Fertility MOTs: Wake-Up Call Or Waste Of Money?

As fertility testing doubles, Amy Iggulden meets the new breed of MOT mums – and the experts who are not so sure...

Fertility test

by Amy Iggulden |
Updated on

Lola berthod has just become a mother for the first time. At 34, she owns her own house, has conquered a male-dominated industry and built a wide, supportive circle of friends. Now she is embarking on the biggest challenge of her life – raising the baby son she conceived with donor sperm after a fertility ‘MOT’ produced frightening results. Lola decided to ‘go solo’ after learning that her egg reserve is low and may last just a few more years.

Pragmatic, resourceful and self-sufficient, she is among a growing number of women who are changing the IVF landscape: the fertility MOT mothers. These are professional women who, after paying around £500 for a series of checks that claim to provide an insight into fertility, take matters into their own hands.

The tests use blood samples and ultrasound to investigate the body’s key fertility hormones, scan the ovaries to check how many follicles (or egg sacs) are present, look into the womb and, ideally, investigate the individual’s full family history and lifestyle. They can also pick up signals for particular conditions. When the results are worse than expected, it can provide a powerful impetus to seek fertility treatment and motherhood sooner than planned – either with a partner or without.

Lola, a pharmaceuticals expert originally from France, is among those who decided not to wait for a partner, and far from focusing on the anxiety of single parenthood, is already thinking about her second. Even through the fog of sleep-deprivation imposed by a week-old baby boy, her enthusiasm is infectious.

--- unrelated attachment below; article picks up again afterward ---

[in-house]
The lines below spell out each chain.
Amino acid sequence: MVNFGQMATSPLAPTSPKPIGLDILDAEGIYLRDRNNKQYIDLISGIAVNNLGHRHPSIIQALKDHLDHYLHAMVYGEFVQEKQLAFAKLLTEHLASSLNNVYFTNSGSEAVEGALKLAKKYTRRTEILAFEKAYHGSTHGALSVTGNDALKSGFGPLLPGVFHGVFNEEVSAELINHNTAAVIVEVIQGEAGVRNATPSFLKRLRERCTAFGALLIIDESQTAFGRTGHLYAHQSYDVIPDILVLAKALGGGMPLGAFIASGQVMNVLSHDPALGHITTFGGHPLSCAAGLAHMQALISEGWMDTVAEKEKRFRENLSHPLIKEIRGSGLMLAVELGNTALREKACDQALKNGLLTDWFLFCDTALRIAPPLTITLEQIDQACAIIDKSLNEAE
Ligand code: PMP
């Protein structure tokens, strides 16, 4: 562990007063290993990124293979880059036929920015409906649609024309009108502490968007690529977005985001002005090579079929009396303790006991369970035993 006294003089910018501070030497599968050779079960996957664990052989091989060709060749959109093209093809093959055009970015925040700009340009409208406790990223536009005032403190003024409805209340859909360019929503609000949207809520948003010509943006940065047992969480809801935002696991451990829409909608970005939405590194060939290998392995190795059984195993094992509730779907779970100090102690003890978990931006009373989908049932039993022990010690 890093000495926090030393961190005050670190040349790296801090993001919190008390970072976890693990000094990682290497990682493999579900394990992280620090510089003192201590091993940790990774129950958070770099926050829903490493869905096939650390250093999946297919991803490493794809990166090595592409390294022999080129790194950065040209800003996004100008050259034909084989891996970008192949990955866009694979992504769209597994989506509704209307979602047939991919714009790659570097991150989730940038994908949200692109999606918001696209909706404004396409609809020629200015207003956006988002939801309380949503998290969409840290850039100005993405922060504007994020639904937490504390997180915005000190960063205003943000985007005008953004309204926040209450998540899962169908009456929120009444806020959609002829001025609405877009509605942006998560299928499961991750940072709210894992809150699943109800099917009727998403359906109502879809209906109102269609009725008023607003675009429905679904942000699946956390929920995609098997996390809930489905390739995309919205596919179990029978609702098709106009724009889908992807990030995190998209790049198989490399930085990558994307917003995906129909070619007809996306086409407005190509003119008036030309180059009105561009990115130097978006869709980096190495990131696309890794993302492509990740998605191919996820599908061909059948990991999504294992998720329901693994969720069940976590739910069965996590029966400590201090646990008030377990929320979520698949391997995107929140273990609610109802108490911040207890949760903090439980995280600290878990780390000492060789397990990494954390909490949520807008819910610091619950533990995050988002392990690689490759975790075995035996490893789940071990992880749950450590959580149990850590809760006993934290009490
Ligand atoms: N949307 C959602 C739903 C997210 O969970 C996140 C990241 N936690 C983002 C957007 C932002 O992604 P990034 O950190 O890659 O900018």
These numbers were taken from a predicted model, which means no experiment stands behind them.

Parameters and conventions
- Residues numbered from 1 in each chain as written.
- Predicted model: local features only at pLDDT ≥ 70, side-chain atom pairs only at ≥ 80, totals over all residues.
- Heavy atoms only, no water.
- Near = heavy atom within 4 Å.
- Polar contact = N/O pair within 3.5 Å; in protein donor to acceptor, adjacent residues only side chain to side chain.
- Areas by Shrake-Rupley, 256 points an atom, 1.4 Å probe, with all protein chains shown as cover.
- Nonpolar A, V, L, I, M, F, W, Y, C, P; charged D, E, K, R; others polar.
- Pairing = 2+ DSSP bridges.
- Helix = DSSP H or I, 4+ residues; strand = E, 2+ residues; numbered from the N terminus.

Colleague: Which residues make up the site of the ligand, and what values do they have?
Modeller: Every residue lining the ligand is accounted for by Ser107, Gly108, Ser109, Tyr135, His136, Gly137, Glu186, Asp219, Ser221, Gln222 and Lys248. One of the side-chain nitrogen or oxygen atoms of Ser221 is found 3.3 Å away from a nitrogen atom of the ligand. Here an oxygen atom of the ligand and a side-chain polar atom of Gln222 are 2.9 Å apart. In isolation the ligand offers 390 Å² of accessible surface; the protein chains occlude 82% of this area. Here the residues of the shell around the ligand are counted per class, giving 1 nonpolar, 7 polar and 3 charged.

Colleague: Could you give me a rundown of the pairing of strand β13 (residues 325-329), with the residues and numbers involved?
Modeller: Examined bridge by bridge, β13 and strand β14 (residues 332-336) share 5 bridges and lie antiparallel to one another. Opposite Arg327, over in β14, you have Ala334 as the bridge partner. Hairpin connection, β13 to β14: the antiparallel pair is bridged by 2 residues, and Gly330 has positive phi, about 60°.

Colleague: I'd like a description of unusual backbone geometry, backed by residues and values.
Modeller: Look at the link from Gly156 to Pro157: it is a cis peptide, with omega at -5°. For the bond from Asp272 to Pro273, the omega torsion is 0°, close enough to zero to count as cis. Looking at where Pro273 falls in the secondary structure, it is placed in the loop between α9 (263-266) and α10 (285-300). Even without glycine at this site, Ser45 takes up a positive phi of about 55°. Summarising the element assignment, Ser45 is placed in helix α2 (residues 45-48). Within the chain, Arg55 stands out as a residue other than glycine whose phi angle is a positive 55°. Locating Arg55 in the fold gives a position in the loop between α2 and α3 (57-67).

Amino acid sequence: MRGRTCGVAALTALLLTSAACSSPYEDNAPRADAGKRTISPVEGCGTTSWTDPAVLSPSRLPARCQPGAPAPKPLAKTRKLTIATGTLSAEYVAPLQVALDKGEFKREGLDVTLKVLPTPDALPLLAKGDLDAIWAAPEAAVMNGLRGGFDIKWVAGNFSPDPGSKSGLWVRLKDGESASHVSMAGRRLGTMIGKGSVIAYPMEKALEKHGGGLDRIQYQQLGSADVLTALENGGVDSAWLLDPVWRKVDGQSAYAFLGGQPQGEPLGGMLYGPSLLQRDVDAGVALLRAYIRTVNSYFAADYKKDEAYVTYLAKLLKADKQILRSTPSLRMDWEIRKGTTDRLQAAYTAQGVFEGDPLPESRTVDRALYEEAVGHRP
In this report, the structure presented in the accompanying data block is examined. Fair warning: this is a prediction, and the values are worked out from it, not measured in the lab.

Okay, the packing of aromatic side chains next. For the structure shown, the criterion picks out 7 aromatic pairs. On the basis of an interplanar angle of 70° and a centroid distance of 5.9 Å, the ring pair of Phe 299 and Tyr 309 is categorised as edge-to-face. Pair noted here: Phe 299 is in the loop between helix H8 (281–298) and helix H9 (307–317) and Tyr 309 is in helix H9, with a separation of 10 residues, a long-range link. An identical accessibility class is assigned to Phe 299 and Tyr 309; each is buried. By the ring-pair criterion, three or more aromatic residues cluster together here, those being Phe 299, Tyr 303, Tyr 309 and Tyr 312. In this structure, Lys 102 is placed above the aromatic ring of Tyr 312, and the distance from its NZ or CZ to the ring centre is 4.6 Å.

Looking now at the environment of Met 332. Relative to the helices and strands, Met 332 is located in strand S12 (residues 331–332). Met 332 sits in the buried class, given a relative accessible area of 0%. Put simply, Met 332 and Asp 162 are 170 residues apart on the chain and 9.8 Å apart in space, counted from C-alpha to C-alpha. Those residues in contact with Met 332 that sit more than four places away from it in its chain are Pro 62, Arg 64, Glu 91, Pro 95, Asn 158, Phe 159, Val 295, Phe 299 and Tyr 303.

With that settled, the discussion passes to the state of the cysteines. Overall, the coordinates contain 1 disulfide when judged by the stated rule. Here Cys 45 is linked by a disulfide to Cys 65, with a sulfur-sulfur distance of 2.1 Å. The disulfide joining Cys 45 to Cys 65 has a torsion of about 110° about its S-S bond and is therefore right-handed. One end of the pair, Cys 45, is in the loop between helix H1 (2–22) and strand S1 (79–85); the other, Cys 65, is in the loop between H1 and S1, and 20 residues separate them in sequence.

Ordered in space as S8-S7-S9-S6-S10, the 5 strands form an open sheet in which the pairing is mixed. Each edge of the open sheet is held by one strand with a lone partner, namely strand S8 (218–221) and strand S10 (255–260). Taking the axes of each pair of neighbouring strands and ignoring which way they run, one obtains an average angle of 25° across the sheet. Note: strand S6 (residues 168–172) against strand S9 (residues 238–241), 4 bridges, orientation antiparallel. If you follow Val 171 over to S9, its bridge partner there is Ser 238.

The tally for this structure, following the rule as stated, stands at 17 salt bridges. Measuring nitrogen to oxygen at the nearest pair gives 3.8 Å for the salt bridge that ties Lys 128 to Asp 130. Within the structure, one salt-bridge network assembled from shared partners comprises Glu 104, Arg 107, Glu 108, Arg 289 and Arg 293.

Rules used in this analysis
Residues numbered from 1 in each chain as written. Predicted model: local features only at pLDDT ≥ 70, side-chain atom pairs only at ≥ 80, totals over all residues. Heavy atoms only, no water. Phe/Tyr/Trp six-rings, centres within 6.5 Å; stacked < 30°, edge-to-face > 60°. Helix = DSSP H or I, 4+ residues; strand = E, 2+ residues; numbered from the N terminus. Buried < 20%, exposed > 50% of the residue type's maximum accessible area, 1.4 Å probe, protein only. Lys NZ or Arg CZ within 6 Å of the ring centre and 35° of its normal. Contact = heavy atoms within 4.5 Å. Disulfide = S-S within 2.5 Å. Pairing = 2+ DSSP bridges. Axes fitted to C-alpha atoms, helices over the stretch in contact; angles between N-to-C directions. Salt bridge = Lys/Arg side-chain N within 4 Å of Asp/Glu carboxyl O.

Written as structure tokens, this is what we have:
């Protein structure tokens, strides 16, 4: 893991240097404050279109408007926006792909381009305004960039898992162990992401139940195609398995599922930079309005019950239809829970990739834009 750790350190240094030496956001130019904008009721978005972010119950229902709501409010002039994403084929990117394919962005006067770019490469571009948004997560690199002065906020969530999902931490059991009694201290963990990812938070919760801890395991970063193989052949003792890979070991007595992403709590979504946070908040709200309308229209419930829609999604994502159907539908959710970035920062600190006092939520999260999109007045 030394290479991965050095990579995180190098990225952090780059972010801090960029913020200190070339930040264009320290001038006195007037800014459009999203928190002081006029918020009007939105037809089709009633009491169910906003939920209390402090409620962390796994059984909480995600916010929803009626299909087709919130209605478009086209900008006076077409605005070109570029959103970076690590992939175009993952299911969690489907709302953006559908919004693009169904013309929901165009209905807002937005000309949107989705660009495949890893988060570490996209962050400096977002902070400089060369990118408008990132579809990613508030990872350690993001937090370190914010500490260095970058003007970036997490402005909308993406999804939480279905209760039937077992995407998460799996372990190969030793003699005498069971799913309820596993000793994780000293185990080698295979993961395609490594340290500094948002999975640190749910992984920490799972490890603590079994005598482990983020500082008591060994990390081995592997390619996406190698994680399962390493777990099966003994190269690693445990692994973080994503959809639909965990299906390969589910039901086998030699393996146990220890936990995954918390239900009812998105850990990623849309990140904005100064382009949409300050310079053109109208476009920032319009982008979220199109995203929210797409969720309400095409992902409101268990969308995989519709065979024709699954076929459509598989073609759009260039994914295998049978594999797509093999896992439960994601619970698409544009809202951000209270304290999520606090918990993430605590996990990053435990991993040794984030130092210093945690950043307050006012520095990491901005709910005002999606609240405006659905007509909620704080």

‘[The situation] is hard to explain to people, but when they asked me if I was excited to know if it was a boy or a girl, to be honest I knew I would be so happy as long as they were healthy.’

Recalling the moment she was told her egg supply was very low and that her right ovary was minuscule, she says, ‘I always knew I was going to be a mum at some point in my life and when I got my results I was devastated. I had a pity party for about a week then thought, right, I’ve got to look at my options.’ She considered whether to ‘wait’ for a partner, but having seen so many of her friends who are in relationships struggle to conceive, she decided to go for it via a donor at the London Women’s Clinic on Harley Street.

‘I reflected for a long, long time, then decided to jump in solo. What I am really excited about now is getting to know my son, because I’ve used a sperm donor who I never met. I can’t wait to see how much of me is in my baby, but also to discover all the unknown parts. I’m already thinking that, ideally, I’d like to have another child.’

Figures from the Human Fertilisation and Embryology Authority show that women underwent 4,306 treatment cycles using their own eggs and donor sperm in 2016, up 15% on the year before. While this number also includes couples using donor sperm, experts predict that the number of solo women will rise as more and more undertake fertility MOTs. The London Women’s Clinic, for example, has seen the number of single women undergoing MOTs double to more than 1,100 in two years. Another leading clinic has seen a rise of over 40%.

Lola is convinced that the testing should be more widespread: ‘Definitely more women should have it done – because knowledge is power. Once you know, you have that information and you have the freedom to choose what you want to do. My only regret is not having it done sooner.’